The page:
Tax is one of those words which gives sleepless nights to both; companies and investors alike. If you have either invested in PMS or Mutual Funds you must be going through the same questions regarding taxation on your investment and how is it going to affect your returns.
So, let’s take a look at both PMS and mutual funds.
Mutual funds are a much-preferred investment alternative for investors who are looking for safe and steady returns. It is an investment pool which is managed by professionals, trading only in a diversified range of securities. There are thousands of investors, all pooling in their resources and sharing the risk, and even earning the maximum returns. It is an ideal investment alternative if you are looking for regular and fixed returns, preferred by investors who are close to their retirement age. It involves less risk as compared to other options.
Incomes earned through investment in mutual funds can be taxed under the categories of Capital Gains or Dividend Income.
Dividend income is earned on equity mutual funds only. The dividend income in the hand of the investor is free of tax but, the dividend issuing company has to pay a Dividend Distribution Tax on the gross value of dividend whenever it is announced. If the total dividend earnings of the investor cross the mark of 10 lakh rupees, it is liable to a tax of 10%.
- Equity mutual funds: It is that portfolio where more than 65% of the total money is invested in equities. Here the dividend received from money market instruments is taxed at 25% + surcharge and cess, for the mutual fund schemes.
- Debt mutual funds: These are the other funds where about 35% of the total investment is made in debt instruments in funds of funds and even international funds.
Capital gain is the appreciation or increment in the net value of the securities held by an investor. It arises when the investment is bought and sold by the investor. For instance, if an investor holds 100 units of mutual funds purchased at the beginning of the period at Rs 100 each. The total value comes at Rs 1,00,000; if at the end of the period the market value goes up to Rs 150, the total valuation comes to Rs 1,50,000. Hence, Rs 50,000 is the capital gain.
- Equity mutual funds: If the fund is held for a time duration of less than 12 months, it is a short term capital gain and hence subjected to a tax of 15%, whereas if the funds are held by the investor for more than 12 months it is considered as a long term capital gain and tax is charged at 10%.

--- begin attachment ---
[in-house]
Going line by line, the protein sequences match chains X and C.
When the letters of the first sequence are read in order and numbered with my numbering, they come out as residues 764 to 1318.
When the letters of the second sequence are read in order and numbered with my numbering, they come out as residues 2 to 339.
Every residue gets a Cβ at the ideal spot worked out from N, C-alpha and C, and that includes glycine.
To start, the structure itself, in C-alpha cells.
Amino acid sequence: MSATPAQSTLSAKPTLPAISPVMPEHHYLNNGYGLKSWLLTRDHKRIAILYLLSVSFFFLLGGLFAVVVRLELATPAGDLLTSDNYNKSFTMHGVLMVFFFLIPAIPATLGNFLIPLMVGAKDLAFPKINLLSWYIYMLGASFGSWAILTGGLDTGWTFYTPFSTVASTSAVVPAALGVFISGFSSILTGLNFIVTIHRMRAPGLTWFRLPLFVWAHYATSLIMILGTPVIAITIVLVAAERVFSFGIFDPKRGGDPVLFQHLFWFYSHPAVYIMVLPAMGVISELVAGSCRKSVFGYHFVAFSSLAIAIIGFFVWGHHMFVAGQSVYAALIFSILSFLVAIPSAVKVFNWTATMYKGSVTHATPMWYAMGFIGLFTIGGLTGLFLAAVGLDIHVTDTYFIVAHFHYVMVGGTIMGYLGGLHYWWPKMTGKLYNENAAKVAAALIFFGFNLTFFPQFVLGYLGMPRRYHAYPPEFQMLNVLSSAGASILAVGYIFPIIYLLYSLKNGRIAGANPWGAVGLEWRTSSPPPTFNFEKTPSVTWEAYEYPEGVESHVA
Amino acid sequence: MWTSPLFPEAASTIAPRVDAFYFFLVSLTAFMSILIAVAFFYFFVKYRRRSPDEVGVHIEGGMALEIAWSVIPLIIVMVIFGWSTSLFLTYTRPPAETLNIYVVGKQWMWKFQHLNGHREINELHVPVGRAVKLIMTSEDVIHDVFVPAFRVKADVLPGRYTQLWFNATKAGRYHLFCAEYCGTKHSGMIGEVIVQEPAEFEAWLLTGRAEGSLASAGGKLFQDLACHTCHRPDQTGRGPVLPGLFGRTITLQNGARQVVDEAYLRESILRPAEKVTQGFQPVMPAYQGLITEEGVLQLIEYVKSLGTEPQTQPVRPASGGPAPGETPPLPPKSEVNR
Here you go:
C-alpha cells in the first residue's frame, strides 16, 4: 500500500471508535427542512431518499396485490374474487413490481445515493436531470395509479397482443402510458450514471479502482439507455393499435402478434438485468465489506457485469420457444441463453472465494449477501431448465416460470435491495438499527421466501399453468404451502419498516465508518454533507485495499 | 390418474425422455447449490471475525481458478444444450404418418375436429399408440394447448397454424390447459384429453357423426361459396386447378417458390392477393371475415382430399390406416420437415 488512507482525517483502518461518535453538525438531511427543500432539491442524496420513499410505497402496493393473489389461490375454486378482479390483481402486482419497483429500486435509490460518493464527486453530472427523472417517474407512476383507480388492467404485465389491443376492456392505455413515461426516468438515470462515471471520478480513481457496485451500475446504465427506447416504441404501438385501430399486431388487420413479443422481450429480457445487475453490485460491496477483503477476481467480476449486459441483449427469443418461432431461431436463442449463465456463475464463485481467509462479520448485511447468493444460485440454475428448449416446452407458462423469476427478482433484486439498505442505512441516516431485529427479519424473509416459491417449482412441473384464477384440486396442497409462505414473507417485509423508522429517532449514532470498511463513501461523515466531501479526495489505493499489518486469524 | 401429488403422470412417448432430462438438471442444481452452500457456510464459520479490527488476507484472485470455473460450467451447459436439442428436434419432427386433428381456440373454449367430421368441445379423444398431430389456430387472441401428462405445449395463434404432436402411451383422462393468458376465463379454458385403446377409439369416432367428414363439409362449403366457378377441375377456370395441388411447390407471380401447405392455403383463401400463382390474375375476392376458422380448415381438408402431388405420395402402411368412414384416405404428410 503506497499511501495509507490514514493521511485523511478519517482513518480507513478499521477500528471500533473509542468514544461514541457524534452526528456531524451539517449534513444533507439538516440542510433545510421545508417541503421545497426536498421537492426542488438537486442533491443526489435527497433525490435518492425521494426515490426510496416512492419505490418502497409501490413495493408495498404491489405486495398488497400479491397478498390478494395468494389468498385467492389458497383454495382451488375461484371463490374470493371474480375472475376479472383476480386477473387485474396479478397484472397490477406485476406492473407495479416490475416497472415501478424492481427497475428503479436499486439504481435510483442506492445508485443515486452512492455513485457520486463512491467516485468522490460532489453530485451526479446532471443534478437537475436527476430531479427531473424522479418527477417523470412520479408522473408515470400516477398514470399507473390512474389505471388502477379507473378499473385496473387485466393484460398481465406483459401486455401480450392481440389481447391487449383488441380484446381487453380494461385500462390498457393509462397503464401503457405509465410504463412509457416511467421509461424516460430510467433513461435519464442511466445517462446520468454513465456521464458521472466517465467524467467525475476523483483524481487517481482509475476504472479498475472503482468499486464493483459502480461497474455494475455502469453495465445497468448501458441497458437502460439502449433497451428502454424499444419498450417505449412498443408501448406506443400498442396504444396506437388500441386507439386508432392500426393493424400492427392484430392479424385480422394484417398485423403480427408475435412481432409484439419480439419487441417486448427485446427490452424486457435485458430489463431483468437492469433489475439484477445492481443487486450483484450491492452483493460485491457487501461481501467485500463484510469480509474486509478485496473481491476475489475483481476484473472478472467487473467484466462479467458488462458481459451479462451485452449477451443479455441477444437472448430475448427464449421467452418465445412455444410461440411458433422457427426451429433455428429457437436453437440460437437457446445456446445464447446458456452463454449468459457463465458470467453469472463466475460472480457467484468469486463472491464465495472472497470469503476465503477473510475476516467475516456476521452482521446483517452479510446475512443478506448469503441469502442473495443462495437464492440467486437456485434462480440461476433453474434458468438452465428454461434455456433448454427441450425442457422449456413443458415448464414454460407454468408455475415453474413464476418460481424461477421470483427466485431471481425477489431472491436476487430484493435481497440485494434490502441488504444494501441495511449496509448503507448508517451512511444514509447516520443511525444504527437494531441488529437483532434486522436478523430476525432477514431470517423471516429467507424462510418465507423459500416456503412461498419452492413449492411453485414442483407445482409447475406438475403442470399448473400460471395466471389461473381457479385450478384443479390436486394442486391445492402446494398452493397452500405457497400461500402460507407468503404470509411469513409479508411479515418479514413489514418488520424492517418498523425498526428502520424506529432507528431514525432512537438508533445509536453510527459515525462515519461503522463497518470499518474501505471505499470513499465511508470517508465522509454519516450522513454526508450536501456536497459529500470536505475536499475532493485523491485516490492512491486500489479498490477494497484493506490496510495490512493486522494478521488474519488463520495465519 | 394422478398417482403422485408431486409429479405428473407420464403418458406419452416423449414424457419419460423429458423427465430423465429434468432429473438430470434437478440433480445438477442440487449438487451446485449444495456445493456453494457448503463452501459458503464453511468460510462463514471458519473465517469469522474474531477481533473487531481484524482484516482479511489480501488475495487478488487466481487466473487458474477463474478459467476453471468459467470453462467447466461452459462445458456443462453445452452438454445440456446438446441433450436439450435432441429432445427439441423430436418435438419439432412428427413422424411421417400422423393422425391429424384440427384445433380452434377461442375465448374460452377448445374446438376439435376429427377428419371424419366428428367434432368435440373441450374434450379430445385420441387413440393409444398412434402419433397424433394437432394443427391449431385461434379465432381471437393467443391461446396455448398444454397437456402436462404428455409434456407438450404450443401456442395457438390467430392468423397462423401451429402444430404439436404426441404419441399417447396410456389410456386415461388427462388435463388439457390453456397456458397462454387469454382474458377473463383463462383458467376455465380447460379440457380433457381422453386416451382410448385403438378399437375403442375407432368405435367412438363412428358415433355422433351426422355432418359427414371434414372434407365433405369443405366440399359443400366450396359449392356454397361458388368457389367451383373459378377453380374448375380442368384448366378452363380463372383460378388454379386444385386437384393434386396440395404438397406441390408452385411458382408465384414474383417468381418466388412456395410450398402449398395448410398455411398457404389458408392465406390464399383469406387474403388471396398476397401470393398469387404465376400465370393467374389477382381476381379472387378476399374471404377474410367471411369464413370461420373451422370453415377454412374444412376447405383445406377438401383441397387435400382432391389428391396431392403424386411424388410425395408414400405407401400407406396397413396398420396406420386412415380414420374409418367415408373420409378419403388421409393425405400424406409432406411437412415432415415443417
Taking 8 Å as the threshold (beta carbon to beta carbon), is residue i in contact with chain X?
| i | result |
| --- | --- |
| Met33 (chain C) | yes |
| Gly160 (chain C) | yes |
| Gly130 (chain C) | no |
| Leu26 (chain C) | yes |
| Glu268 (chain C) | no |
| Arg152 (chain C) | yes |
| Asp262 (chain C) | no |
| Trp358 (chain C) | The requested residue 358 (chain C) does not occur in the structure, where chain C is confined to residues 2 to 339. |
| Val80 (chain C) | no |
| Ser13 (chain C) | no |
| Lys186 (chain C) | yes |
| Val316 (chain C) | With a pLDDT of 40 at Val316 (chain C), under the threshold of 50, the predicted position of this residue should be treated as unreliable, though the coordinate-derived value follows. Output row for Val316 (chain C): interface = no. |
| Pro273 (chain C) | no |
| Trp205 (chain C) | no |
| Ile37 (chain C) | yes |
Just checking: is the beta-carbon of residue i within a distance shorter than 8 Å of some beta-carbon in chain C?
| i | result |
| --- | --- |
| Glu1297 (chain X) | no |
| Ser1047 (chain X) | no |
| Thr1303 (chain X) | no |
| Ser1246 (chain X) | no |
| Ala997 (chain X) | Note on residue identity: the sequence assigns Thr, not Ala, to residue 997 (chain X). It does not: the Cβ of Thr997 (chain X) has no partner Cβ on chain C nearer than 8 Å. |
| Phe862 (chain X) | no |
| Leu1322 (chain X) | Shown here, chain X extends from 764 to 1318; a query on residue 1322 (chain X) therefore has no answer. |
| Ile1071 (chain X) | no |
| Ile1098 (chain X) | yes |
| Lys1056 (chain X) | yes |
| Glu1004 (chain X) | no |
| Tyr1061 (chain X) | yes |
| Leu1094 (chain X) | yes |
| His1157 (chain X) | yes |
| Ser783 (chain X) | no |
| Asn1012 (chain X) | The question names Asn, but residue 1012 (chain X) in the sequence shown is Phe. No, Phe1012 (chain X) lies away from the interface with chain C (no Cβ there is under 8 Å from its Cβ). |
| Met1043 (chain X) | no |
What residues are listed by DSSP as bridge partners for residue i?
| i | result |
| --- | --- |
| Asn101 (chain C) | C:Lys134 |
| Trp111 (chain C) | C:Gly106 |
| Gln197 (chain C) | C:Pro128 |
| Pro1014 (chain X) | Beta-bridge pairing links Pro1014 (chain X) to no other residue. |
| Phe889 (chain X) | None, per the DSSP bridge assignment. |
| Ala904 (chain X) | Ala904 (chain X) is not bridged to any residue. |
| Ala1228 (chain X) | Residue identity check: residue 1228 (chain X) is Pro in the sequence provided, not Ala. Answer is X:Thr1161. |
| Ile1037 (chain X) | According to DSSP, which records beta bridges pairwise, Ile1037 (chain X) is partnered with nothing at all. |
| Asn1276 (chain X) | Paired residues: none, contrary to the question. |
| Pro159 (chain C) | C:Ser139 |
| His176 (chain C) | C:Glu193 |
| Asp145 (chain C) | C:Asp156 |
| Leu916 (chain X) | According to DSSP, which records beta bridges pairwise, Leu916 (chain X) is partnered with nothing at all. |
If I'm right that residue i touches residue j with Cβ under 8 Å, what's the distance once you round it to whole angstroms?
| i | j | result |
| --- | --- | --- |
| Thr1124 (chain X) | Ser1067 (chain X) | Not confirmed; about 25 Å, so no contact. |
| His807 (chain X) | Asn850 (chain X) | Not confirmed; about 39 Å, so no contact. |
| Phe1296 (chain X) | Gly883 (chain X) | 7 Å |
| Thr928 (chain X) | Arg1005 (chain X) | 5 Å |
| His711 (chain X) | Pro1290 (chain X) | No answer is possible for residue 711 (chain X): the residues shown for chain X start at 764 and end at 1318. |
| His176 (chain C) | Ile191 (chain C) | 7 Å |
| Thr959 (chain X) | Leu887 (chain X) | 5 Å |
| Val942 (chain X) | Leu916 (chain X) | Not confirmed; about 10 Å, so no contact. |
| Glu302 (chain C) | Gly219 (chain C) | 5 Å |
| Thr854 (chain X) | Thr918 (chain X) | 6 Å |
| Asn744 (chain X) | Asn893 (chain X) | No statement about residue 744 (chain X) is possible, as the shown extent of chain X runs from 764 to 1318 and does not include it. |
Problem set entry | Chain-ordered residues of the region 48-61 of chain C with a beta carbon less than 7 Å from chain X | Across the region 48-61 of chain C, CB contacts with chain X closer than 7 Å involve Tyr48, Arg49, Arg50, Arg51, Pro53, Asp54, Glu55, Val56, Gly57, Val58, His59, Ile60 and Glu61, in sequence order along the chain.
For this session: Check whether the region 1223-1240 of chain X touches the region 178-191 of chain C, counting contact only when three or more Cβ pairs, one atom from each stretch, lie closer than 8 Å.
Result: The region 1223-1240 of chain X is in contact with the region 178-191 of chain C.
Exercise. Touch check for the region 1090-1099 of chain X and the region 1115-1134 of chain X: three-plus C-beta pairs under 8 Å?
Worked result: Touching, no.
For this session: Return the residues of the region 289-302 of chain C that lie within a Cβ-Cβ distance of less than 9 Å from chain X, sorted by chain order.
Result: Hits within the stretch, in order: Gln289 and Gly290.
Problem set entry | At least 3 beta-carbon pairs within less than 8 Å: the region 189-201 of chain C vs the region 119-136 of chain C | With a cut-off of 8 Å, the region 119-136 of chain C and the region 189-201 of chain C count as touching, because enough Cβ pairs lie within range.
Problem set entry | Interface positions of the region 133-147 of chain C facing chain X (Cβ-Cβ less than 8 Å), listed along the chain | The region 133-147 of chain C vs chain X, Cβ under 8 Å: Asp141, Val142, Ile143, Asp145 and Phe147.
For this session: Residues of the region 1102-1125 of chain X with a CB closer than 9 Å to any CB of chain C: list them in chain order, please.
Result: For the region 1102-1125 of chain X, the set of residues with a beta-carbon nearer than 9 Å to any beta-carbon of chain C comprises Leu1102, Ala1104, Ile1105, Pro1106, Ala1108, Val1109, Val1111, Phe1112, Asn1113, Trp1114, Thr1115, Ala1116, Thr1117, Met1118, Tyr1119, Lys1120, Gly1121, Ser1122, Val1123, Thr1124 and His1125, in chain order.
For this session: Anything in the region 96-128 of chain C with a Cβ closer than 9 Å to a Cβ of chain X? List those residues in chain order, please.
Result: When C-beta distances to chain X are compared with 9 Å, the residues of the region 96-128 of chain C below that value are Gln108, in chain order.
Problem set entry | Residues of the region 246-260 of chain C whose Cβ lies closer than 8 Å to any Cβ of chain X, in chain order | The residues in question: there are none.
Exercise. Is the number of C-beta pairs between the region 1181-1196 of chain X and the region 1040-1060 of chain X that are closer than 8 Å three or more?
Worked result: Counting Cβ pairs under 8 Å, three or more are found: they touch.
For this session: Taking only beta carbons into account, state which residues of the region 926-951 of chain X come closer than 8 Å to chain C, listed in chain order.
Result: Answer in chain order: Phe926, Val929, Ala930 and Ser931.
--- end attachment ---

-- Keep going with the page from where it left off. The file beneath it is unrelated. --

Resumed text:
- Debt mutual funds: When debt funds are held for a period less than 36 months or 3 years it is a short term income and the profits are treated as income and included in it. The investor is charged to tax as per the income slab in which he/she belongs. But, if the holding period exceeds 3 years, it is charged at 20% with indexation.
Portfolio Management Services (PMS)
PMS stands for Portfolio Management Scheme. It is a type of service that helps to manage the wealth of investors. The primary aim of PMS is to provide over and above the average returns to the investors. Here one has the option to choose among the limited schemes and opt for personalized services. The minimum investment requirement for this service is Rs 25 lakhs, as determined by SEBI. It is a professional service managed by fund managers who are adept at providing flexibility and freedom to their clients. PMS services are given to the ‘wealthy’ or ‘priority’ clients given the level of minimum investment and the services that are provided. Therefore, the charges or fees that you pay to avail these services are also on the higher end.
On a much broader level, PMS and mutual funds are quite similar. They both include the management of investors money and investing it into a portfolio of various stocks, shares, and other securities. There are a plethora of options available to invest in, all with separate objective and have a designated fund manager to oversee the operations.
PMS is of the following 3 types:
- Discretionary: In this type, the portfolio manager has the autonomy to make all the decisions on behalf of the investor. They can independently manage the portfolio without any interference.
- Non-Discretionary: Here the managers need to take the confirmation from the client before making any decision of buying or selling the securities.
- Advisory: As the name suggests, the portfolio manager here has the primary role of simply giving the advice to the clients regarding the investment decisions.
Usually, the income from PMS is treated as business income. There has been numerous rules and regulations regarding it. The most recent ruling has been given by the Delhi Court stating that the income is to be taxed based on the investment objective.
- Wealth maximization: In this scenario, the investment is made with the sole motive of multiplying the wealth on the investor. Hence, any income arising from this case is taxable under the head Capital Gains as per Income Tax Law.
- Profit maximization: Here, investment is made to sell it at a point of time later on. It is done to encash the profits arising from capital appreciation. The income is taxed as Capital Gains.
Many times, the superlative returns and personalized services attract the investors towards Portfolio Management Services. The portfolio manager can churn out profits, and the costs may seem insignificant if compared to it. But it involves a lot of analyzing and paperwork. So, if you are looking for something much easy and better tracking, then Mutual Funds are the right investment option for you.
The tax regulations for mutual funds are more straightforward and can be managed easily. It generally involves less taxes, and if your fund manager is competent enough to churn out high returns, you have to pay only 15% tax under Capital Gains on your income from mutual funds.